The clerk rang up the money, and the little old lady paid, returning Jays' groceries with a smile. Jay accepted, her eyes drifting from the little old lady. She left with the little girl, and Jay took her bags to the rusting bicycle that she had put on the bike rack. She knew that no one would steal it, but even if she didn't trust that, she couldn't afford a bike lock.

So she biked back to her house, stopping outside the run-down cottage. It smelled like a mix of cigarettes, alcohol, and nicotine. Before she went inside, she put one of the bags down. The little old lady had slipped some coins into it. With a small smile, Jay pocketed the coins, knowing where her next destination would be.

The door to the house creaked. It always did. Jay could feel her heart ascend to her throat. Her hands shook, and she looked into the kitchen. They weren't there. She put the cans, containers, and bags away as fast as possible, sparing glances behind her every so often.

Her heart pounded violently against her collarbone. She could almost taste the iron of her blood. There was a creak of floorboards, and Jay whipped around, looking into the empty eyes of the woman who bore her. Jay swallowed.

"Did'ya ge' the shopping?" The woman in front of her smelled like strong liquor and salt. Her words slurred together, giving her voice a frightening quality that made Jay want to curl up in a ball and hide.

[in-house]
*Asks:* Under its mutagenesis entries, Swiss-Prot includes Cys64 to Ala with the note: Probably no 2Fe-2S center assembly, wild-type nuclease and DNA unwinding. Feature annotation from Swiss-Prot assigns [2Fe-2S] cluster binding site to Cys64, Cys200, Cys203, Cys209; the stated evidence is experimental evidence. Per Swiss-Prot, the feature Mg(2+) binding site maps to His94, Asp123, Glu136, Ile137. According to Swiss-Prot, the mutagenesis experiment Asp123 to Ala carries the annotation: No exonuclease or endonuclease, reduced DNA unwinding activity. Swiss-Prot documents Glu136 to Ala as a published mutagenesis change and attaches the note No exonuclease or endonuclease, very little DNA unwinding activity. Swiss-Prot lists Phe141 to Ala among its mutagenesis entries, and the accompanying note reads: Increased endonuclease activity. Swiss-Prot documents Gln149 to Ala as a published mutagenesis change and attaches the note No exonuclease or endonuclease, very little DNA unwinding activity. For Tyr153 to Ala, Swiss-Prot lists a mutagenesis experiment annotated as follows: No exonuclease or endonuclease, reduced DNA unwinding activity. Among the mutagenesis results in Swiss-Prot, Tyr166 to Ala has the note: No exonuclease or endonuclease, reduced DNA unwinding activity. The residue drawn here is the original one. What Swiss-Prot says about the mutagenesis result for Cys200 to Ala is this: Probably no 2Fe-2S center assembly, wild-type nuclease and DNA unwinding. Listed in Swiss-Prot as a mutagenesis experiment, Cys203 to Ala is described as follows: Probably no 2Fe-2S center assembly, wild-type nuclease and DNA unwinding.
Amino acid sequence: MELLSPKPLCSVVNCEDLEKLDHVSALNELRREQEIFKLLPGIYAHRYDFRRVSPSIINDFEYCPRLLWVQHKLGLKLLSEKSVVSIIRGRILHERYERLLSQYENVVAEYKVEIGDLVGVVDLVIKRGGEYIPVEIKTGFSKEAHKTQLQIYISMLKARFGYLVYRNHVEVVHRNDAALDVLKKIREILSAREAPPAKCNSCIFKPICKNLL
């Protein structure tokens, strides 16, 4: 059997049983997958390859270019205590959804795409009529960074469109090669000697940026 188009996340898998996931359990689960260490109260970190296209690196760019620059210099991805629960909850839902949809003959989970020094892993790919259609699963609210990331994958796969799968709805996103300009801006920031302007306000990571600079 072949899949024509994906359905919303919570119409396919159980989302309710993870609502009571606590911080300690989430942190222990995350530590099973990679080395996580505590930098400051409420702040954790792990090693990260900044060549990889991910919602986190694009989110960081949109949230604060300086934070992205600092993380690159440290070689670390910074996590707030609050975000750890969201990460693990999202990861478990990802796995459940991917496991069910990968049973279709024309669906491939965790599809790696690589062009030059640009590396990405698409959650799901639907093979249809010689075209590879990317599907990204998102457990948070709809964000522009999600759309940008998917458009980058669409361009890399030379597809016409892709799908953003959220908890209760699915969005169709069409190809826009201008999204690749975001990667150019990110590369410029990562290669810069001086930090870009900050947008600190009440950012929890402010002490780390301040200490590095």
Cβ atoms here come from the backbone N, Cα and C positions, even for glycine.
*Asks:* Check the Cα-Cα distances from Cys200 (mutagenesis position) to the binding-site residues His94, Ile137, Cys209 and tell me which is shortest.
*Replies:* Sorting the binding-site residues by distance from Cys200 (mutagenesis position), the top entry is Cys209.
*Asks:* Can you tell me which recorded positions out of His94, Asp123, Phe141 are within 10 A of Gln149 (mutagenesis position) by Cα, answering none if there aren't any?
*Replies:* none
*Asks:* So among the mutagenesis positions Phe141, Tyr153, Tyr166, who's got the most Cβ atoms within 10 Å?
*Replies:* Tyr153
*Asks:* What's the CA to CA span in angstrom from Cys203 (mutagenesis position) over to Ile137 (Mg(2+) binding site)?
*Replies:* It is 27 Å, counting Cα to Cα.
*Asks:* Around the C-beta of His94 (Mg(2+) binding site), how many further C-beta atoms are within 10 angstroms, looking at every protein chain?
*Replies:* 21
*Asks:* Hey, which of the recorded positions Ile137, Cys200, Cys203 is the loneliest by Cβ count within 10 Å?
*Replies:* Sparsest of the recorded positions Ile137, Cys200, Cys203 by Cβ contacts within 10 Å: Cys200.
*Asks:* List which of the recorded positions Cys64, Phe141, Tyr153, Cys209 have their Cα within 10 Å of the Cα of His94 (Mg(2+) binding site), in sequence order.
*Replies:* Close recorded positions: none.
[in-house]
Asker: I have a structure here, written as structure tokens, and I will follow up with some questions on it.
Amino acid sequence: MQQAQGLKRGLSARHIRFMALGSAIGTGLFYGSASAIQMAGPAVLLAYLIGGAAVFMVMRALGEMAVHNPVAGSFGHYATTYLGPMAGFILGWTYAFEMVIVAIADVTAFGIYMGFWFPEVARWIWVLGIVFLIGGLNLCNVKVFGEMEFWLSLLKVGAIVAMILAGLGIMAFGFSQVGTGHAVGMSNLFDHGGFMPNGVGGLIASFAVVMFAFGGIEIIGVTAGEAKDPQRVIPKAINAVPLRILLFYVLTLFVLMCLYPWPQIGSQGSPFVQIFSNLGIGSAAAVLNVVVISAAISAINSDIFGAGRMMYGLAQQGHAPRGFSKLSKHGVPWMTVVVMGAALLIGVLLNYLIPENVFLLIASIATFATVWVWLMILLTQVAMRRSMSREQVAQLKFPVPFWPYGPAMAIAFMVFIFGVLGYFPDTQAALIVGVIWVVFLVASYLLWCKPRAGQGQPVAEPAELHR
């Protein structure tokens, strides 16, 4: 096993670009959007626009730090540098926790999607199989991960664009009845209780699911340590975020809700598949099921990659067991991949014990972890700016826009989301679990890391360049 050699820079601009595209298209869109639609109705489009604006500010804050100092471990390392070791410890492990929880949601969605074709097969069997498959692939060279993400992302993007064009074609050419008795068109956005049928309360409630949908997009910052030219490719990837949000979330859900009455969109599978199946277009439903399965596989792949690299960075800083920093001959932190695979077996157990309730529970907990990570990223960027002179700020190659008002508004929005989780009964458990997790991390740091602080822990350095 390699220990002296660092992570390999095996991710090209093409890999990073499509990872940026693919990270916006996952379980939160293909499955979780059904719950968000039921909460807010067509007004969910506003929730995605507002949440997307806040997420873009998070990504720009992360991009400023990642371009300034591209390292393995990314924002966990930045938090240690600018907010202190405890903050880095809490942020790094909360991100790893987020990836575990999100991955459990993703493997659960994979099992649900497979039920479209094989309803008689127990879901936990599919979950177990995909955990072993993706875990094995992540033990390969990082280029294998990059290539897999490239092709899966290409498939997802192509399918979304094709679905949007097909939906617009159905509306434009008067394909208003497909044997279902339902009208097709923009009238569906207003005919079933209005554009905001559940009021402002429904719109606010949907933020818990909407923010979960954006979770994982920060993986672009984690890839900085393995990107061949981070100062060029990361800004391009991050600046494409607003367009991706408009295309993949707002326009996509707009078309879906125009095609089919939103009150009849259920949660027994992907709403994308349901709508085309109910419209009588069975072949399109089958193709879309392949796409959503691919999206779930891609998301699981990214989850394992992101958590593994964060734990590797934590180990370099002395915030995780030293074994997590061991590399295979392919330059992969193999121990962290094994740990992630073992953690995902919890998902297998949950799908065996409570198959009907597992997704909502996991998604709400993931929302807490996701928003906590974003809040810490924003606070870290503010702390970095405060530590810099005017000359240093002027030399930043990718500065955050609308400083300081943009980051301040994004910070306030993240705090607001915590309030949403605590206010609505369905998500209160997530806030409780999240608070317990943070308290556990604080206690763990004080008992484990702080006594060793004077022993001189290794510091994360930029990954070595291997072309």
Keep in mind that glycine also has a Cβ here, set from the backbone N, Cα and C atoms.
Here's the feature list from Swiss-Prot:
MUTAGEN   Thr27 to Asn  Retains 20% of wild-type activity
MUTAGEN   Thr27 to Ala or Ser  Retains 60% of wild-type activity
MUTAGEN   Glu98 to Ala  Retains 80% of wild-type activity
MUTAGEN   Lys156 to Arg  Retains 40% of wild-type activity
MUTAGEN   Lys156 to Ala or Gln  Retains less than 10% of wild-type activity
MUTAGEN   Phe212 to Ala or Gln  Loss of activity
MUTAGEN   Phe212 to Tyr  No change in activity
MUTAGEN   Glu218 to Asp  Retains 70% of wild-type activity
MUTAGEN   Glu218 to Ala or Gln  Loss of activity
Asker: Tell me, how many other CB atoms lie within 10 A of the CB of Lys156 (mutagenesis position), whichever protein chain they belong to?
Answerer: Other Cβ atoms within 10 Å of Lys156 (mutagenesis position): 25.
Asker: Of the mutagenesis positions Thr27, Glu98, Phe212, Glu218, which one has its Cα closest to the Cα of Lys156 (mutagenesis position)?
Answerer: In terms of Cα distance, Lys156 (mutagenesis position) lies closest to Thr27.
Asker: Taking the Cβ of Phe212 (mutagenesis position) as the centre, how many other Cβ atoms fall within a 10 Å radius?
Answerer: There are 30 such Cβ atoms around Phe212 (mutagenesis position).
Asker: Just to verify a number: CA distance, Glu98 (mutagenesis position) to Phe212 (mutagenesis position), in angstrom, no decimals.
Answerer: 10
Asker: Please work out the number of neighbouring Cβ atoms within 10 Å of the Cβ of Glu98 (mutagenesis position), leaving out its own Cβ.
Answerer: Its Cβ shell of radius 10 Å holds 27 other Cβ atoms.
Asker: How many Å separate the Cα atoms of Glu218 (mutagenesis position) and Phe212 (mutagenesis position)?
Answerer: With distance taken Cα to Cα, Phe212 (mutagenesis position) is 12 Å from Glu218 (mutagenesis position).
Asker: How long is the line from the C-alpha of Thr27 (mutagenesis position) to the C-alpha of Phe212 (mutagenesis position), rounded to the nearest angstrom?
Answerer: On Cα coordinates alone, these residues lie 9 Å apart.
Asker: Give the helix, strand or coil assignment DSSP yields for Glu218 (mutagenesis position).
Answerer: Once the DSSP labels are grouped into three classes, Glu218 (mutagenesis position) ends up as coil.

"Yes, ma'am."

"Good. If you wan' to live 'ere, you gotta do the work. "By the sweat of thy brow will they eat bread," or w'a'ever." The woman wandered out of the kitchen, and sank into an ancient armchair. Jay ducked her head, and started to her room in the basement. She turned down the hall, and ran into her father. He spilled a touch of beer onto his shirt. He looked down at her, rage twisting his features. The blow landed before Jay could prepare for it.

She retreated to the basement, one hand on her cheek where he'd struck her. Today was the day. The final day of this. She would be free from this today.

With shaking hands, she gathered together all the coins that she'd been hoarding. It wasn't much, but she hoped that The Well was in a giving mood today.

The only interesting feature of her town was the well. It had a statue of a beautiful young woman gracing the top of it. Also, everyone called it a wishing well. It was more of a fountain then a well, but it got called a well for the aesthetic. Jay had two quarters, five dimes, six nickels, and eleven pennies. That would have to be enough.

That night, while her parents were watching TV and drinking, Jay snuck out of the house. She crept toward her bike, and started standing it up, when she noticed that her tires held large slashes in them. Blinking back tears of frustration, Jay started walking.

It was her only option.

No one could stop her.

She ran.

She ran all the way to town.

It was morning by the time she found the well. She glared down at it, as though she could make it work just by looking at it. She dropped the coins into the well with an air of finality. With a clear voice, she stated her wish. Anyone listening could hear it. For a few seconds, the well did nothing. Then, the water began to swirl and glow.

Finally, what she had been waiting for was about to happen. She would get her wish.